I slide my legs into my stiff brown trousers and hike them up, pulling my belt tight. The material is the same as the rest of my combat clothing, taut and heavy duty, difficult to slice with a knife. Once I’m dressed, I leave the changing rooms and head into the compound corridor, where Falin Asha is waiting for me. He leans back against the wall in an odd way that looks like he’s slipping down it. Wavy dark brown hair falls into his face, hiding his expression, but I know he will be biting on his lip. His tics might as well be my own; I know them inside out.
His hands are shoved into his pockets. When he sees me coming, he pushes away from the wall and smiles.
Warm brown eyes greet me, and I can see myself reflected in them, or at least I can see the gleam of the sun flashing off my halo, anyway. His is hidden beneath the collar of his ratty khaki shirt. I offer out my hand and he takes it.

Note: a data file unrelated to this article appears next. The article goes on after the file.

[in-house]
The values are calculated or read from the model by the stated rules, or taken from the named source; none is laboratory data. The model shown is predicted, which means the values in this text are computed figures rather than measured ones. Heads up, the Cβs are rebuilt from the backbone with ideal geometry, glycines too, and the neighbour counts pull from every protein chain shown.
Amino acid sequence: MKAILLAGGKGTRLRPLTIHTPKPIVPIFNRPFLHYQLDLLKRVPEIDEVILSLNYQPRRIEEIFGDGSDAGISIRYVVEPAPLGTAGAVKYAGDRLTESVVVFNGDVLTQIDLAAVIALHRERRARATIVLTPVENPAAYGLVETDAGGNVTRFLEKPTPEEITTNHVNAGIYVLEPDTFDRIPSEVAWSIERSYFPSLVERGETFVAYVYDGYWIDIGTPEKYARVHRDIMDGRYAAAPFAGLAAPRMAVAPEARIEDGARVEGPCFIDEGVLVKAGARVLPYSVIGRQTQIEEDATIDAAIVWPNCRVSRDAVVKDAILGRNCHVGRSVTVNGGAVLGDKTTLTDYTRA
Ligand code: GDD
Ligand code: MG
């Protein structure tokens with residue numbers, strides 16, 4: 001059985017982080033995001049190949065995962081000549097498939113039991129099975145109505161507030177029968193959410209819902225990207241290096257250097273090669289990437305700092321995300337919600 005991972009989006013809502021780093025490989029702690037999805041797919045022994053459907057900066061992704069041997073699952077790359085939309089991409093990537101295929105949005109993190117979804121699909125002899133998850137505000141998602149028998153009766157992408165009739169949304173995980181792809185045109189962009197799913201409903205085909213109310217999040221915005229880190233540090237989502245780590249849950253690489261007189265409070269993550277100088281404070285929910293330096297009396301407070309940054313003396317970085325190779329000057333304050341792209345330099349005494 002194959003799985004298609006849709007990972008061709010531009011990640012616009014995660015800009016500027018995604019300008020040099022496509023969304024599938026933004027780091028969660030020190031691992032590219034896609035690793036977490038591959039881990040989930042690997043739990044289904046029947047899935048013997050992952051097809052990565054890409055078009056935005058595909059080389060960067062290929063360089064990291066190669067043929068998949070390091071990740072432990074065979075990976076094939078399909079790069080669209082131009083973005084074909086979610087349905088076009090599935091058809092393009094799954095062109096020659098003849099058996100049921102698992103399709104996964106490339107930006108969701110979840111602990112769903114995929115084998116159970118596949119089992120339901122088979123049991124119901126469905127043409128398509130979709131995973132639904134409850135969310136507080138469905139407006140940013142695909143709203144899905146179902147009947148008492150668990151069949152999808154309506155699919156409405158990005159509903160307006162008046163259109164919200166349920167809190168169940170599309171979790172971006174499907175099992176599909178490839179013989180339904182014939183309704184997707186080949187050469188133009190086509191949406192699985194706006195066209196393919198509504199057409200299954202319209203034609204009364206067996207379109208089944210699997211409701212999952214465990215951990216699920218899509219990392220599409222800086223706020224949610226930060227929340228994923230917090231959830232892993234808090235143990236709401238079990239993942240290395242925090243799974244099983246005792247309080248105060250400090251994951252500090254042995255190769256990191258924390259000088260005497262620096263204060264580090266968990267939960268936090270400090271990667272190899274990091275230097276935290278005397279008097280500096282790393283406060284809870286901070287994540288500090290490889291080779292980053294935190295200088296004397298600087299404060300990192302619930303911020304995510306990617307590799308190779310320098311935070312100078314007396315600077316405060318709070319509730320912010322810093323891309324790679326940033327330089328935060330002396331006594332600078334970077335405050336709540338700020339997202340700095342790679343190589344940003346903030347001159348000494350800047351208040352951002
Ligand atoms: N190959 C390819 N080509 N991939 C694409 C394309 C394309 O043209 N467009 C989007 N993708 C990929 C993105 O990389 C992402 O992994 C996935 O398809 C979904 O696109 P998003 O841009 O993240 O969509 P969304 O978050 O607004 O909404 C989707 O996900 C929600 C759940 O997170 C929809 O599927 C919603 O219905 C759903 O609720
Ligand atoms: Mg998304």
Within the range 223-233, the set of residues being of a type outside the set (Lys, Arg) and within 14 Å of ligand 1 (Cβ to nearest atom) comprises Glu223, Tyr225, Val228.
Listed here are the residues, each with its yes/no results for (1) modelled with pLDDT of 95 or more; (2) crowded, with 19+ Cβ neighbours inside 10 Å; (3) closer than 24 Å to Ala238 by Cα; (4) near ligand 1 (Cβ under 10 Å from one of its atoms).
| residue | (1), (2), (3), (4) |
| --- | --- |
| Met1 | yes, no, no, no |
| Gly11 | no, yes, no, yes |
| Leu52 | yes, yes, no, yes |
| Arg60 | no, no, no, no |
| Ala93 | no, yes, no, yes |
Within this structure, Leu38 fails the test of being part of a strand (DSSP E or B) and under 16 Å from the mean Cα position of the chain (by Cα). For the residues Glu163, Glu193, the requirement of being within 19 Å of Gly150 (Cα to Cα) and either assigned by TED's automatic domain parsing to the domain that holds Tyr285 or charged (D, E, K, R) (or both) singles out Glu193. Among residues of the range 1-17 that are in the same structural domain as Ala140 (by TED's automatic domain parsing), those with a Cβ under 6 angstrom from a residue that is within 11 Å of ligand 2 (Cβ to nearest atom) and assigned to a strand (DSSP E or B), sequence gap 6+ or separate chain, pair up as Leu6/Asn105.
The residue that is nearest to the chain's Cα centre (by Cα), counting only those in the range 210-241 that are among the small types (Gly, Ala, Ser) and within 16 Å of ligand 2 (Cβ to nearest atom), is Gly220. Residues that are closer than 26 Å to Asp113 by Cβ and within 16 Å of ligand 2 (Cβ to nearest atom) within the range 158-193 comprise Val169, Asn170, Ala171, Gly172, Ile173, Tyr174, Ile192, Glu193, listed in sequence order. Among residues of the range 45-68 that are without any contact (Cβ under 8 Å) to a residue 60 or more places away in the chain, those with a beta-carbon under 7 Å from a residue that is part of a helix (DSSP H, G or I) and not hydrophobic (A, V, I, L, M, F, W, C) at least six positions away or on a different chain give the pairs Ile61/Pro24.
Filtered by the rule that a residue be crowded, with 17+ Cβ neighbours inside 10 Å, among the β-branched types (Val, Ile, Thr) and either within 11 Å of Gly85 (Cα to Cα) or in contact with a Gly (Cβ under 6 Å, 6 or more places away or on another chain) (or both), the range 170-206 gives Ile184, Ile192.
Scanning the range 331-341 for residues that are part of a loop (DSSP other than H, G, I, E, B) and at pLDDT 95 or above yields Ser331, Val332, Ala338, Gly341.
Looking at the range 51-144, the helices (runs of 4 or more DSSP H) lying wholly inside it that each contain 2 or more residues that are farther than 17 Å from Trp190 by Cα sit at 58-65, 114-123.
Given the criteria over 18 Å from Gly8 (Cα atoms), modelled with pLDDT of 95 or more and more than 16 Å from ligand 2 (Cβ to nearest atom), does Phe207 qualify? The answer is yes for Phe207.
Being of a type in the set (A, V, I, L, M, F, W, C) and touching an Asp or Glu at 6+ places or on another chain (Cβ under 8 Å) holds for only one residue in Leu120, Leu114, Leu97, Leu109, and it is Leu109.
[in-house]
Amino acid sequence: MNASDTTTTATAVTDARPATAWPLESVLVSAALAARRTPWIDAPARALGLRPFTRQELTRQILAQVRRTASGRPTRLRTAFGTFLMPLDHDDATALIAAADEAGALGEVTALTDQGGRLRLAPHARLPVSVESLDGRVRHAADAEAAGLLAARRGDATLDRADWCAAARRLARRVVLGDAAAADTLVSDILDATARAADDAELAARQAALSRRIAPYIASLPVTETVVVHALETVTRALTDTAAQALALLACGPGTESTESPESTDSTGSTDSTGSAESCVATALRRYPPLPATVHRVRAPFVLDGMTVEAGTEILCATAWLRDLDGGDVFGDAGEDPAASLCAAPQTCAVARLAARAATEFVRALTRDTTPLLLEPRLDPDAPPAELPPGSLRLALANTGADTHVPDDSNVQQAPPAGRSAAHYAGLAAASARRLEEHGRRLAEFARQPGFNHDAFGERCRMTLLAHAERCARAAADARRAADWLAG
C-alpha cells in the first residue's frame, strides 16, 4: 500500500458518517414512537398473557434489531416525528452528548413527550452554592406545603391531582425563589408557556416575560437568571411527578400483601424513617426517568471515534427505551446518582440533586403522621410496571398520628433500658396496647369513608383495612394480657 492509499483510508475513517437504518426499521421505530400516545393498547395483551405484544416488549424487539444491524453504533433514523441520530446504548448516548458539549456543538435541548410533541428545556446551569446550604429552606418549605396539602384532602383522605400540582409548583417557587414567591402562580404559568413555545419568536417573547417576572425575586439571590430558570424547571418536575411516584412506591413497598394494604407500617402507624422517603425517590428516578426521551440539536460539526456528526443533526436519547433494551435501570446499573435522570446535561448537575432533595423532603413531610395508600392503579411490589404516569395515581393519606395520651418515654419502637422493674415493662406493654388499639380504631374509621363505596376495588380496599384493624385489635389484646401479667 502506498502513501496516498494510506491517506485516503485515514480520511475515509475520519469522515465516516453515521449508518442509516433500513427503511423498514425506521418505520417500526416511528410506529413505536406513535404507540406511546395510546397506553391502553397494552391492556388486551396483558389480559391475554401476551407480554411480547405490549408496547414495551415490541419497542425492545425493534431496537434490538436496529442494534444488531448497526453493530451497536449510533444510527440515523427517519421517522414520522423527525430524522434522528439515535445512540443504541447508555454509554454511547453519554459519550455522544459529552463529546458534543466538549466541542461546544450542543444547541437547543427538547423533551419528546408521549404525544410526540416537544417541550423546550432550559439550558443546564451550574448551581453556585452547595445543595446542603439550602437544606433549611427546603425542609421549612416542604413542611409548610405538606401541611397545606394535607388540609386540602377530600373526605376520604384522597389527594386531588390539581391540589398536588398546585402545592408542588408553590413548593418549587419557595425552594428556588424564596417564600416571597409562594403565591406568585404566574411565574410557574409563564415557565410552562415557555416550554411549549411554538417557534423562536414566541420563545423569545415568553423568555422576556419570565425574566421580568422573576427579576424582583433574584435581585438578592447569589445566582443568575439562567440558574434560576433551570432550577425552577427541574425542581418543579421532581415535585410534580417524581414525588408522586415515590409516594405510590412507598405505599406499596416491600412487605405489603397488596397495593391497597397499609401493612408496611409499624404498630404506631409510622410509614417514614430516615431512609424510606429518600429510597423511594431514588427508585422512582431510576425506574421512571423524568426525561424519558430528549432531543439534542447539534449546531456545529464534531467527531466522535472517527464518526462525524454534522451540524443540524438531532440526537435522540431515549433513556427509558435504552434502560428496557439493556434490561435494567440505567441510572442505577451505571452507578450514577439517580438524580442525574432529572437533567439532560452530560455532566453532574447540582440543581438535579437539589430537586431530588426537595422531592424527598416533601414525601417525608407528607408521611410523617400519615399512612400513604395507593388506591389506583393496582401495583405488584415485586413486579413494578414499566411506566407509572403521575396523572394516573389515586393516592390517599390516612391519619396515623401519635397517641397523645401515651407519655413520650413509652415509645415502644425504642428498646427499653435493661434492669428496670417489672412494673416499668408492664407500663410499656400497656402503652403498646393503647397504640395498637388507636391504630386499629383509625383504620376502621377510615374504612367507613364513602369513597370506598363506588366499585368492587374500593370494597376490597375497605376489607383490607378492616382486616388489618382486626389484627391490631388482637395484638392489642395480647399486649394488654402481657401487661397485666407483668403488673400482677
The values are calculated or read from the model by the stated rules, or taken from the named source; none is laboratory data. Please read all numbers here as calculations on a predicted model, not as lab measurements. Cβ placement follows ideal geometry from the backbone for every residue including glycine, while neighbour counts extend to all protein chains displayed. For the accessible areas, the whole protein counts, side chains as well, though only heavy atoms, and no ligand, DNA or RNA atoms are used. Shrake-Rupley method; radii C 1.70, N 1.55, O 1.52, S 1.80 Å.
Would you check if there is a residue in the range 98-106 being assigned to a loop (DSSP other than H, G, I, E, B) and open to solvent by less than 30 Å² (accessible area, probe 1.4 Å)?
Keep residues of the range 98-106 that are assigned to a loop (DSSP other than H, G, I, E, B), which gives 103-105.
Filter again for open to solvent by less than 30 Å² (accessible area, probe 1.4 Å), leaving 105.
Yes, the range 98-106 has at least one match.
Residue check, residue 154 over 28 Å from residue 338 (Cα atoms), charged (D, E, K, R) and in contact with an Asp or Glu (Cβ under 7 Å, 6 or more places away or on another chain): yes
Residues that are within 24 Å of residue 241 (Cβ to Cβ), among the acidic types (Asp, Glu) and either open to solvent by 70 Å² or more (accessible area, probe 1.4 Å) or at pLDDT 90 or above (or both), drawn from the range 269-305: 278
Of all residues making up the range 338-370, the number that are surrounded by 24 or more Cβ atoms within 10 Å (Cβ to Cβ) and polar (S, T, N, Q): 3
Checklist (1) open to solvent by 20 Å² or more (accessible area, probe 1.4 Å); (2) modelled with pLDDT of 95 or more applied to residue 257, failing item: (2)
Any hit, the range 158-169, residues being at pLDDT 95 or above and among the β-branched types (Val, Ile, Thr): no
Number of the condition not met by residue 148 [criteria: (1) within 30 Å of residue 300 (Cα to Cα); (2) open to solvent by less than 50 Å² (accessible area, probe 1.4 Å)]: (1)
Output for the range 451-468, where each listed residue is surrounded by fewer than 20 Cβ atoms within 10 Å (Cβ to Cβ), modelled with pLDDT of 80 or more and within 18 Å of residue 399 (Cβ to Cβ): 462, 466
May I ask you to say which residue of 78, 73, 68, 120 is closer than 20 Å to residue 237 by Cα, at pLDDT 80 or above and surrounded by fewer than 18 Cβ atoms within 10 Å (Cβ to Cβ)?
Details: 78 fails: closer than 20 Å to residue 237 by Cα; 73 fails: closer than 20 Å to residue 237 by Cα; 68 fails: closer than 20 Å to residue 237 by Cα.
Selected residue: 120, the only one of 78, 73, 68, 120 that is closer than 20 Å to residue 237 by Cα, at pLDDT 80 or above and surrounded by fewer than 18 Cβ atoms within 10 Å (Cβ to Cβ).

“So, we’re fighting each other today,” he says. I look up at him and hear my halo whir, knowing it shouldn’t be doing that after only recalibrating a second ago with the technician. He gives me a small smile, pretending he doesn’t hear—the polite thing to do.
“I hear we are,” I reply. He pulls me towards the exit, down the metal walkway that leads out of the Sanctuary testing area and into the community square. Our footsteps echo off the high walls of the Sanctuary administration buildings, constructed out of grim-looking grey boxes. We hug the wall for no reason other than we’ve been told to always make sure there’s room for other more important people to pass us by. The outskirts of the compound are inhabited, bordered by the low-lying, single storey dwellings of the most important Houses. Beyond those brick buildings lies the Sanctuary’s inner boundary, a nine-foot tall wall that is decorated on this side by wooden trellises that drip with sunshine-yellow flowers. The other side is decorated with barbed wire and the occasional patch of graffiti where a Radical has slipped through in the night and tagged the crumbling concrete.